February 2, 2011 / 8:13 PM / in 9 years

Al Qaeda suspects killed in Mauritania car blast

NOUAKCHOTT (Reuters) - Three suspected al Qaeda militants killed when their vehicle exploded during a gunfight with Mauritanian soldiers Wednesday were planning to attack the French embassy and an army base, the government said.

The vehicle was one of three that crossed into the West African country from Mali last weekend and was pursued through the desert by Mauritanian soldiers.

Mauritanian security forces captured one vehicle containing 1.5 metric tons of explosives Tuesday, arresting a militant, and a second exploded during a gun battle Wednesday on the outskirts of the capital, Nouakchott. A third, believed to be a support vehicle, escaped.

“According to the man we captured, the convoy had two targets. There was the army base in Nouakchott but also the French embassy,” Defense Minister Hamadi Ould Hamadi told journalists.

Hamadi confirmed earlier reports from a security official that three men suspected to be from al Qaeda’s North African wing AQIM were killed in the explosion.

Eight soldiers were wounded in the blast, which occurred after an exchange of fire in the early hours, he said.

Mauritania is among several countries in the Sahara region where al Qaeda-linked fighters have raised their profile with a series of attacks and kidnappings.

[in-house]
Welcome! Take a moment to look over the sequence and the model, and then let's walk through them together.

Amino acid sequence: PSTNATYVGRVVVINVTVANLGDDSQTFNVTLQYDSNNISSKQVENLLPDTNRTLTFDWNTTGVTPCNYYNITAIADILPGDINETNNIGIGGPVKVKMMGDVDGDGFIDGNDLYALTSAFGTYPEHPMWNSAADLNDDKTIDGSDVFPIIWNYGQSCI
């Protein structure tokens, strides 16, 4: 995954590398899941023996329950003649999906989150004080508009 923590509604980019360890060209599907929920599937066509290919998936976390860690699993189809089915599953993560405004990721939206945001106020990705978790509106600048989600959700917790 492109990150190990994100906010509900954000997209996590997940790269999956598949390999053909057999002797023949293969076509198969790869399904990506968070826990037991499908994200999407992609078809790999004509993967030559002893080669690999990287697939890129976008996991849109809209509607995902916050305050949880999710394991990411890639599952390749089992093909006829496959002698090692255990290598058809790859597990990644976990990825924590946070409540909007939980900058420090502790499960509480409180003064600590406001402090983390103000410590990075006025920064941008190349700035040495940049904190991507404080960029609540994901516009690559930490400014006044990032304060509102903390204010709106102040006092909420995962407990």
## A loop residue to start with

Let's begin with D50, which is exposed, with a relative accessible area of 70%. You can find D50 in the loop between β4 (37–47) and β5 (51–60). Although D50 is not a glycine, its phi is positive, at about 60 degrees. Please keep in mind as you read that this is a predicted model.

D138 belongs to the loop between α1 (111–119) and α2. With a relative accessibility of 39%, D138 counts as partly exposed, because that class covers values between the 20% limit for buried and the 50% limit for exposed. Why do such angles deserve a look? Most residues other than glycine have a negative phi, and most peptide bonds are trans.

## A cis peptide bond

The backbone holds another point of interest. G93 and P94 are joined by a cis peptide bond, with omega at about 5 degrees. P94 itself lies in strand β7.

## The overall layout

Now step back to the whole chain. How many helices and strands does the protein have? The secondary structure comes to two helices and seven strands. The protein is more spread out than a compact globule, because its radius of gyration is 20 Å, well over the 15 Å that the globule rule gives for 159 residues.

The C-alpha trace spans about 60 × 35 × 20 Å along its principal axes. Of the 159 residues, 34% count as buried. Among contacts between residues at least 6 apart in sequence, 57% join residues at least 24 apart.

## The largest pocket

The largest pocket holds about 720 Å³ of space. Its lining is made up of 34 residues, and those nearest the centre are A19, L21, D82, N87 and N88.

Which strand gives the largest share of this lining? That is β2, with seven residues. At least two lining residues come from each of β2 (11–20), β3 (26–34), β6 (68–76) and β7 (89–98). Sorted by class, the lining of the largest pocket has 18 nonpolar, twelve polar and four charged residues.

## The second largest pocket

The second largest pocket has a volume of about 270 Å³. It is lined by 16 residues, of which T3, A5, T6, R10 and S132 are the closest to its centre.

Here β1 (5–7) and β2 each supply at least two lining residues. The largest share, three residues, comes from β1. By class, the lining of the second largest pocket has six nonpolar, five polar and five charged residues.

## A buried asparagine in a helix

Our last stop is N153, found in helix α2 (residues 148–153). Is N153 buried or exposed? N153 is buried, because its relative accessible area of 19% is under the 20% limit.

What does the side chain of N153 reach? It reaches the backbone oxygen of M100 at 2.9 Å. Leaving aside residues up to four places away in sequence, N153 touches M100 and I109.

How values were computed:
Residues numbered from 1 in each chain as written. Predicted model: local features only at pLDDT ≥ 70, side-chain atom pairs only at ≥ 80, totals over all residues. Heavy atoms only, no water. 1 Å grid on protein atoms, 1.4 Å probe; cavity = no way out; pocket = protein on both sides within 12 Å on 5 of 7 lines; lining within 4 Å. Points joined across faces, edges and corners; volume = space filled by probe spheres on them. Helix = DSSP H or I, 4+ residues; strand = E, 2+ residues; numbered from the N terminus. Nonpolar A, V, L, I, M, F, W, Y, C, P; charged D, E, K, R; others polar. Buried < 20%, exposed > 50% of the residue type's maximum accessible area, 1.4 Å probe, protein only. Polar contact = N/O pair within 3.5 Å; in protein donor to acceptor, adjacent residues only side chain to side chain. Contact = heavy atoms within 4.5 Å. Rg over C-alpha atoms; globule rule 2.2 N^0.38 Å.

The gunmen have switched from abducting Westerners in remote locations and holding them for ransom to carrying out attacks in more urban areas.

AQIM grew out of the militant Salafist movement in Algeria and has moved south where it is taking advantage of the vast and lawless desert regions of Mauritania, Mali and Niger.

Suspected AQIM fighters killed four French tourists in Mauritania in 2007 and Mauritania’s army said last year it foiled a car bomb attack on a military base in Nema.

AQIM has claimed responsibility for the abduction of two Frenchmen found dead after an unsuccessful rescue attempt in Niger last month and is believed to be holding five other French nationals kidnapped in Niger last year.

Countries in the region have been trying to coordinate military efforts to counter the growing threat but rivalries and competing interests have hampered cooperation.

Writing by David Lewis; Editing by Andrew Dobbie

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